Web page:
Stamping is imperfect in nature (and why we love it!), and it can take a bit of practice to hone your technique and achieve the look you want. So, we thought we’d round up a few tips for getting the best possible print from your stamp.
Make sure your ink pad has enough ink. Brand new ink pads can be a little bit ‘juicy’, if you find this try blotting up some of the excess ink with a paper towel. A neat trick for getting the most value from your ink pad is to store it upside down (lid on!) to keep the ink always at the surface of the pad.
Prepare the area
Always use a solid, flat surface to stamp on. Put some paper, or a magazine under the surface your stamping onto to provide some padding.
Press your stamp reasonably hard onto the ink pad. If you have a large stamp and a raised ink pad, try flipping the stamp face up and bring the ink pad downwards onto the surface (this way you can see where the ink is applied). Before you stamp, take a look at the surface to make sure it’s well inked. Then, press straight down onto your surface with firm, even pressure, and pull straight up. Don’t wiggle or rock the stamp – you’ll end up with a blurred image.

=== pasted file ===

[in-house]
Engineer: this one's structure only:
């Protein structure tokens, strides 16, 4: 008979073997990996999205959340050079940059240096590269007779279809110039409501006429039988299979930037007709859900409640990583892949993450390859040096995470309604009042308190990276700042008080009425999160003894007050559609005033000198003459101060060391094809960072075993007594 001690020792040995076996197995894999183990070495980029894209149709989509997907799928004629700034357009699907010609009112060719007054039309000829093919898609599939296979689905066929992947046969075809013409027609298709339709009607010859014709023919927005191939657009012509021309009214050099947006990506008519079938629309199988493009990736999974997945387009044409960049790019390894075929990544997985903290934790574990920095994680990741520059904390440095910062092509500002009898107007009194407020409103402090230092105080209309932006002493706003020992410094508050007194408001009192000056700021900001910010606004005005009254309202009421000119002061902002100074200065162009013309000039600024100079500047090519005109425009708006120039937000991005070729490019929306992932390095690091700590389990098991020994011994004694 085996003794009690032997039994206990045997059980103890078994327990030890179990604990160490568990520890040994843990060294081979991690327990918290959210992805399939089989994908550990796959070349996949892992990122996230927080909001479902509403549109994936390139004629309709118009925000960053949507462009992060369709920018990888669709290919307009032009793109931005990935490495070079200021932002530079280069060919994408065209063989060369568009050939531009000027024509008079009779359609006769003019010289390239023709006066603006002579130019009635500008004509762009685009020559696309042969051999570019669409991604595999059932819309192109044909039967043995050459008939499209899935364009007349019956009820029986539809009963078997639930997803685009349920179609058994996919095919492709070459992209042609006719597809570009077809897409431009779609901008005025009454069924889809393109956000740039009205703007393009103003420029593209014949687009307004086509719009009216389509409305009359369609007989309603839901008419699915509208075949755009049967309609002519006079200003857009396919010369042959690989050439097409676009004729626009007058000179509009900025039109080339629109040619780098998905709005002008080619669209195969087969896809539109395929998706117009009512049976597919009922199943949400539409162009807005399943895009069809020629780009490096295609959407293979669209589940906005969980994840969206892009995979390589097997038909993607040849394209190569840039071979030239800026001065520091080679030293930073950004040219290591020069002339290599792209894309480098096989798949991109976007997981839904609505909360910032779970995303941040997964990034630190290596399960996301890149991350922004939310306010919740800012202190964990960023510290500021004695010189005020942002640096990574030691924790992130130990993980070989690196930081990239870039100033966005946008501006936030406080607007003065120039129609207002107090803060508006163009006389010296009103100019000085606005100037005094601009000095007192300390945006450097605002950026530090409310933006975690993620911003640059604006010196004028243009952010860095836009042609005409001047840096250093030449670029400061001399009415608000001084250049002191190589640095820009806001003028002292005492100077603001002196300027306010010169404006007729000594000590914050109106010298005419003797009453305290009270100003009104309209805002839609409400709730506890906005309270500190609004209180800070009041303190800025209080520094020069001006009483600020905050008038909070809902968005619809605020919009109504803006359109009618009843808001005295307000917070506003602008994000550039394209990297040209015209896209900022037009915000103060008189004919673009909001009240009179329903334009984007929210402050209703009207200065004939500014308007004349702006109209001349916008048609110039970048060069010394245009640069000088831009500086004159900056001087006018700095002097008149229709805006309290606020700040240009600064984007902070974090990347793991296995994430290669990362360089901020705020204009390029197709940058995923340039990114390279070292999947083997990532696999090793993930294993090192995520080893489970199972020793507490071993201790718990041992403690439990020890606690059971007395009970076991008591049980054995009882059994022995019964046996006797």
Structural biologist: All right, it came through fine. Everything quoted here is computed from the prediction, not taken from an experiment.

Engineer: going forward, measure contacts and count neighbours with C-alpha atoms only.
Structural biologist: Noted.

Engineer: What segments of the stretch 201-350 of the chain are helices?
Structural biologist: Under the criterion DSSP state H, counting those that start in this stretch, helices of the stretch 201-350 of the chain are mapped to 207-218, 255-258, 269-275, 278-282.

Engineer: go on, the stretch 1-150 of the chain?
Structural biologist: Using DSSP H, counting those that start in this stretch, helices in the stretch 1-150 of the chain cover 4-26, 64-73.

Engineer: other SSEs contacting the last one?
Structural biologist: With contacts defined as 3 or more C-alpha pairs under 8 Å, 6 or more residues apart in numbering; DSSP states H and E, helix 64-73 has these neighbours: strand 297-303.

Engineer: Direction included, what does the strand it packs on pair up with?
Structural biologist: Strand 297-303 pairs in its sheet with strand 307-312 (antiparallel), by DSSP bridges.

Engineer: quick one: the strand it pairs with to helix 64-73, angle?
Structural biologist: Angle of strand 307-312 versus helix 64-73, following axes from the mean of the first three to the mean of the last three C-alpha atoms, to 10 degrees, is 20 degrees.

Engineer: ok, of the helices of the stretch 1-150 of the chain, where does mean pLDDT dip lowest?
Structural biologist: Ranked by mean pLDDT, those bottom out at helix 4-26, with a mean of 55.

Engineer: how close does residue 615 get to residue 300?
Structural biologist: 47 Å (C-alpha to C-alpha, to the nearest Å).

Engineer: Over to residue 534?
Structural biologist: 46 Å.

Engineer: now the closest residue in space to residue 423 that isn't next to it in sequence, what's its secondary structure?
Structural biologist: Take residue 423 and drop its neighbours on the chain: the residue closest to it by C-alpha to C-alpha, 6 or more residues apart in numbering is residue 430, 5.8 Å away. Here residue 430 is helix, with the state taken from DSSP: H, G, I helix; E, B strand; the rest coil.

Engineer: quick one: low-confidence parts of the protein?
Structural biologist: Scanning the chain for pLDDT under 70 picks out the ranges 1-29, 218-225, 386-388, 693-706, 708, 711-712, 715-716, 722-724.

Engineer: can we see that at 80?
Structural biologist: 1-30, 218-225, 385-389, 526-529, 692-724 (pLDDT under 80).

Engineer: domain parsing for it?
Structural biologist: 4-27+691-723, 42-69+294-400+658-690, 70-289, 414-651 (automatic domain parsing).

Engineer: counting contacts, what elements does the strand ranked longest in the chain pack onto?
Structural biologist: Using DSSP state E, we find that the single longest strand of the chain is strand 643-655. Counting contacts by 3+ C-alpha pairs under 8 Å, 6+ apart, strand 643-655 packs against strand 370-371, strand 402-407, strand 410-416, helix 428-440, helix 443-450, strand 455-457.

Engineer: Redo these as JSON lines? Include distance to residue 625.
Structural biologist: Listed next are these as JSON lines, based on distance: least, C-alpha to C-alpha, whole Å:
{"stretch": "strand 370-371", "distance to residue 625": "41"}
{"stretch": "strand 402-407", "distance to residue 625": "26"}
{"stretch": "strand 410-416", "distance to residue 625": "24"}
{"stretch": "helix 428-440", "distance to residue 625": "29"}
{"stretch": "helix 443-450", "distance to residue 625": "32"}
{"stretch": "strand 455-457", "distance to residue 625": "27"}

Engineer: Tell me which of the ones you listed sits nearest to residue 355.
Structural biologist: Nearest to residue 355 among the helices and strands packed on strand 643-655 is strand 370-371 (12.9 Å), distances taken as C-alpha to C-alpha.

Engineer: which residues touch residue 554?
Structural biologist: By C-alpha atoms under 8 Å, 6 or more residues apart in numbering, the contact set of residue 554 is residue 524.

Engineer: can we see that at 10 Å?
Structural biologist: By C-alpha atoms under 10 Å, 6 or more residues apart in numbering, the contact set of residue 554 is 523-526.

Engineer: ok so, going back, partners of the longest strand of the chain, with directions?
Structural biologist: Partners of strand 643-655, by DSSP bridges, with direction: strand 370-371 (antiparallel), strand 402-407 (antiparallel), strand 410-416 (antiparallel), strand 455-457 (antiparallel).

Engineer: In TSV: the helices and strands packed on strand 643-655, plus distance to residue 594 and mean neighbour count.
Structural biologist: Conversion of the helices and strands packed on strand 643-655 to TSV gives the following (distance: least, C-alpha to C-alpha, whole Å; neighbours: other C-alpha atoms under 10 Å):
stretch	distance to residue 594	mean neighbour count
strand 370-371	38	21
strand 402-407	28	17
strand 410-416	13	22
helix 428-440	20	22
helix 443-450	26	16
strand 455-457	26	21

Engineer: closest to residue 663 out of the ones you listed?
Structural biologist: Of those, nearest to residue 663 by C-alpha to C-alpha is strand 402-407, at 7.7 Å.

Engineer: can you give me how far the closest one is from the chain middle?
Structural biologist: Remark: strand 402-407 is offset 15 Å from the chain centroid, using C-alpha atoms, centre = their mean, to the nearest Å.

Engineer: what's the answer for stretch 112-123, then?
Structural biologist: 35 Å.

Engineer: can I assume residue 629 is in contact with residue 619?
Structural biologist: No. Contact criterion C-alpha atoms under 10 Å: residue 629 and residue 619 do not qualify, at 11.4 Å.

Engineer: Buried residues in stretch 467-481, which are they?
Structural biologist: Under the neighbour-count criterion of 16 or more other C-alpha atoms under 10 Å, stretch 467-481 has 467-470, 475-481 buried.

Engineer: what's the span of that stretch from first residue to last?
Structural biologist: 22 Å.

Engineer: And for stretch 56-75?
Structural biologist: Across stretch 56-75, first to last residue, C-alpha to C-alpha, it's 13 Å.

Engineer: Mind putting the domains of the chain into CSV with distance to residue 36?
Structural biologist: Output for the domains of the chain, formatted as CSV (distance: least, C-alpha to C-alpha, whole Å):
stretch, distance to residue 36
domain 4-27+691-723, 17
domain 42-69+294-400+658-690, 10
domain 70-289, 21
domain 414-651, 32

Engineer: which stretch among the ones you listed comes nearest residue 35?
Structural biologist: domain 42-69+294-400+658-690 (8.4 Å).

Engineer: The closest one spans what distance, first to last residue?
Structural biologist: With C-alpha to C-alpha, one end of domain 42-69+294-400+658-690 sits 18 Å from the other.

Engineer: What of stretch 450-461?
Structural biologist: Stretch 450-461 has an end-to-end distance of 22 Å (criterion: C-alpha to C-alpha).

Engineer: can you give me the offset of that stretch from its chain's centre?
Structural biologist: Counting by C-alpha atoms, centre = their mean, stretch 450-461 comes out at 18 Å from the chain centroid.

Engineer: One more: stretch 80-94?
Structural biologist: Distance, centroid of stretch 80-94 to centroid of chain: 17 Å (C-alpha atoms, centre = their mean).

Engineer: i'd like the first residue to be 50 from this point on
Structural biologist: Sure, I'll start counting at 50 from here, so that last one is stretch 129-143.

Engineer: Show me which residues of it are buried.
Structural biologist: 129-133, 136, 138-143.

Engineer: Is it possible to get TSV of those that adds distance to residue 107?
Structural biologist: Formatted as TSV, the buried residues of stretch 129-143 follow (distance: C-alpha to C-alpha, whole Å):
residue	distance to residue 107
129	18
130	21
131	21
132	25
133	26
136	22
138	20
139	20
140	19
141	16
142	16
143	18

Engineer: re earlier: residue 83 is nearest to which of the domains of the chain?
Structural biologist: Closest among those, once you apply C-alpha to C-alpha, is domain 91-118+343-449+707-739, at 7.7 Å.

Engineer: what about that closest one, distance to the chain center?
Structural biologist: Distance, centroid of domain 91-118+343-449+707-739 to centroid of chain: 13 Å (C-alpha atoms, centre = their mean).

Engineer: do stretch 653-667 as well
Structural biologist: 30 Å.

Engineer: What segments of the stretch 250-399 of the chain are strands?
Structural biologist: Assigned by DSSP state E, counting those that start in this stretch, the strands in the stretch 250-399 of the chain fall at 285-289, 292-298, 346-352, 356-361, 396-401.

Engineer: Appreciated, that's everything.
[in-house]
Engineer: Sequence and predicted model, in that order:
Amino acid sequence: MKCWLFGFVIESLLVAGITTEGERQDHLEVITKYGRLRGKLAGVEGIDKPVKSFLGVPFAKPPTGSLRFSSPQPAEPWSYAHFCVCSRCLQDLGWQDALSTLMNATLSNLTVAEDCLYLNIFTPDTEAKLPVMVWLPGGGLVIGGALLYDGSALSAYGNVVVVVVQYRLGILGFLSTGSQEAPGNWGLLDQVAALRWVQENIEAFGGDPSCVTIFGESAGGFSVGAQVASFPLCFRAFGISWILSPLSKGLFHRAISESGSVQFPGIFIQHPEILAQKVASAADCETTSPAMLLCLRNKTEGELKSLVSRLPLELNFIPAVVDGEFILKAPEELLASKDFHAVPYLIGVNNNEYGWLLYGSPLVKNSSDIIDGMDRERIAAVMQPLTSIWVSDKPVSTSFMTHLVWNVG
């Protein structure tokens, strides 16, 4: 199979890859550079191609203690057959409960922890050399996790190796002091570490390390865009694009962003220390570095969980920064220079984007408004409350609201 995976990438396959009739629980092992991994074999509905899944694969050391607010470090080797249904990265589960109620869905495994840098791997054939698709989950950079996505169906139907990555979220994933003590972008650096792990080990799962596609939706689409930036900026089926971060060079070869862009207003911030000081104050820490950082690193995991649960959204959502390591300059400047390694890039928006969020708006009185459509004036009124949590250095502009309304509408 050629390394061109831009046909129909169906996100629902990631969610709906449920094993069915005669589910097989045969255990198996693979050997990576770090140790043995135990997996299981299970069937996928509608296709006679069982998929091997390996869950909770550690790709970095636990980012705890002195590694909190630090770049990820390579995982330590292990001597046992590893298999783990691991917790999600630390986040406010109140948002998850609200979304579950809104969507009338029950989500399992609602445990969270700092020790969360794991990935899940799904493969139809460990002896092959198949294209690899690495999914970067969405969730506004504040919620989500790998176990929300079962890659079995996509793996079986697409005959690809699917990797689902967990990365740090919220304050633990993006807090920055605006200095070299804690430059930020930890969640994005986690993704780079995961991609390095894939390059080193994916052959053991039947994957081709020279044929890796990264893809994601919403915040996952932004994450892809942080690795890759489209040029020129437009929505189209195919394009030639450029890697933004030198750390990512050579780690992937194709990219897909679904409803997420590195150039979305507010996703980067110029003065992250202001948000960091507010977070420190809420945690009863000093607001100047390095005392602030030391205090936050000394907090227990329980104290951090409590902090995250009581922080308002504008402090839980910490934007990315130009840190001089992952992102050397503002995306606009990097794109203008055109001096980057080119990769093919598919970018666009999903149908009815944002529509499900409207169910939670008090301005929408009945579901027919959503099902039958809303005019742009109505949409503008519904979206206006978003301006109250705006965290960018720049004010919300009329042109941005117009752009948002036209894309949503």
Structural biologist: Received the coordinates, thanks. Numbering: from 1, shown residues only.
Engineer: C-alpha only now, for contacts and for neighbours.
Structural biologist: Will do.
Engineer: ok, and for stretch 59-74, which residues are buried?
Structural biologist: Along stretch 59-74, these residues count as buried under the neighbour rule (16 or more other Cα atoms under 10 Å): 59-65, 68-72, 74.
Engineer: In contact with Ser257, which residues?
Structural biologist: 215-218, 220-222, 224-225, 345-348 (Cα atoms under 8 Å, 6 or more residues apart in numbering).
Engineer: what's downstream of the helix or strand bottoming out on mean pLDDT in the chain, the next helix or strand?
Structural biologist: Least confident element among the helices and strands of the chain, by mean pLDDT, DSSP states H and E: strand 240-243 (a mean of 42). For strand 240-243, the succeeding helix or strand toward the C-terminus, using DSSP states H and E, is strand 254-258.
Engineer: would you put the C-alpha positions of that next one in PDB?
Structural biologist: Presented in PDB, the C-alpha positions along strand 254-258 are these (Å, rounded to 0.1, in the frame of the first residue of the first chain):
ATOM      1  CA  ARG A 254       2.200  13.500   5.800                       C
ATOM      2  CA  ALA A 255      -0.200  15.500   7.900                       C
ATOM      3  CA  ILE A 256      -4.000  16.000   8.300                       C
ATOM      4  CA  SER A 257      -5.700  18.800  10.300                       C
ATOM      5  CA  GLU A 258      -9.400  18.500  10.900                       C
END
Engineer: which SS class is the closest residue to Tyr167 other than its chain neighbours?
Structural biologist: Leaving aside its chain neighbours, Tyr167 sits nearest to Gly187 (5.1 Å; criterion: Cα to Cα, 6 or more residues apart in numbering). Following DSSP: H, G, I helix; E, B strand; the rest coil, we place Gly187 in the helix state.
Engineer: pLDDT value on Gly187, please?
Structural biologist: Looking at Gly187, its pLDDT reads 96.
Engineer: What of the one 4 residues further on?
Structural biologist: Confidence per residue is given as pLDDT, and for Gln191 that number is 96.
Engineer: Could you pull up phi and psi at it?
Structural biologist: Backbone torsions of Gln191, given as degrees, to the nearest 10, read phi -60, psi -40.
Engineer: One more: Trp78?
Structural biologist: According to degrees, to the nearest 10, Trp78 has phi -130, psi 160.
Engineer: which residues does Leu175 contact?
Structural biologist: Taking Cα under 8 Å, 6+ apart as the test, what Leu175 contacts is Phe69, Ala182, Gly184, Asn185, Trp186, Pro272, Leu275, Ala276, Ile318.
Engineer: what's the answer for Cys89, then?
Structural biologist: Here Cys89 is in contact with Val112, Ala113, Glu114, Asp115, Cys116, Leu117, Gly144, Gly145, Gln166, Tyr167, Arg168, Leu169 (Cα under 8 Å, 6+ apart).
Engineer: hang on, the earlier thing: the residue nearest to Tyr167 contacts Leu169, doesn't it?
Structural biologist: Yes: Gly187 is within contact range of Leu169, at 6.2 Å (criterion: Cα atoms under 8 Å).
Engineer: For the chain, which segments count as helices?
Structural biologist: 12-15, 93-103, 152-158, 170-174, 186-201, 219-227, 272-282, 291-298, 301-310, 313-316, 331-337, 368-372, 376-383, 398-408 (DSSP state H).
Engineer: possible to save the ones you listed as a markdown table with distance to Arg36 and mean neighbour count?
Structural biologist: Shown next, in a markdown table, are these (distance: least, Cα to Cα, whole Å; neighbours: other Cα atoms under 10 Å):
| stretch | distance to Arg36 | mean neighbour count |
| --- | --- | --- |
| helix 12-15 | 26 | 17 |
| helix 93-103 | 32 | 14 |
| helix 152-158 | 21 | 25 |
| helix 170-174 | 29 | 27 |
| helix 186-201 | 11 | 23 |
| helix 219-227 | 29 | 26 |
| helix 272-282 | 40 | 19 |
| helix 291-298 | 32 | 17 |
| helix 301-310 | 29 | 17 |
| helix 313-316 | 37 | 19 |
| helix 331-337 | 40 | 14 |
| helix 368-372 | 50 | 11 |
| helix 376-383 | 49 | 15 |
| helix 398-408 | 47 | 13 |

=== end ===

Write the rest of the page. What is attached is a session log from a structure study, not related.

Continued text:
Note – larger stamps and stamps with lots of solid area need more ink, and more pressure. With larger stamps, press down on the stamp with your fingers, but don’t let the stamp move. Standing up can help add more pressure.
For smaller stamps and stamps with fine lines need less ink, and less pressure.
Once you’re done stamping, allow a bit of time for the ink to dry before touching. Most dye-based inks dry almost instantly, but other types of ink can take a little longer.
Look after your gear
Keep your stamp clean! Build up of ink over time can impact the print, so after you’re done using your stamp, give it a little wipe with a damp cloth (or alcohol-free baby wipes also work well!) If it’s been a while between cleaning, try using a soft toothbrush and some mild soapy water – just don’t get water onto the timber block. Store your stamp in a dry, shaded environment, keeping it out of direct sunlight will help avoid ‘yellowing’ of the rubber.
If you have any of your own tips, feel free to share in the comments!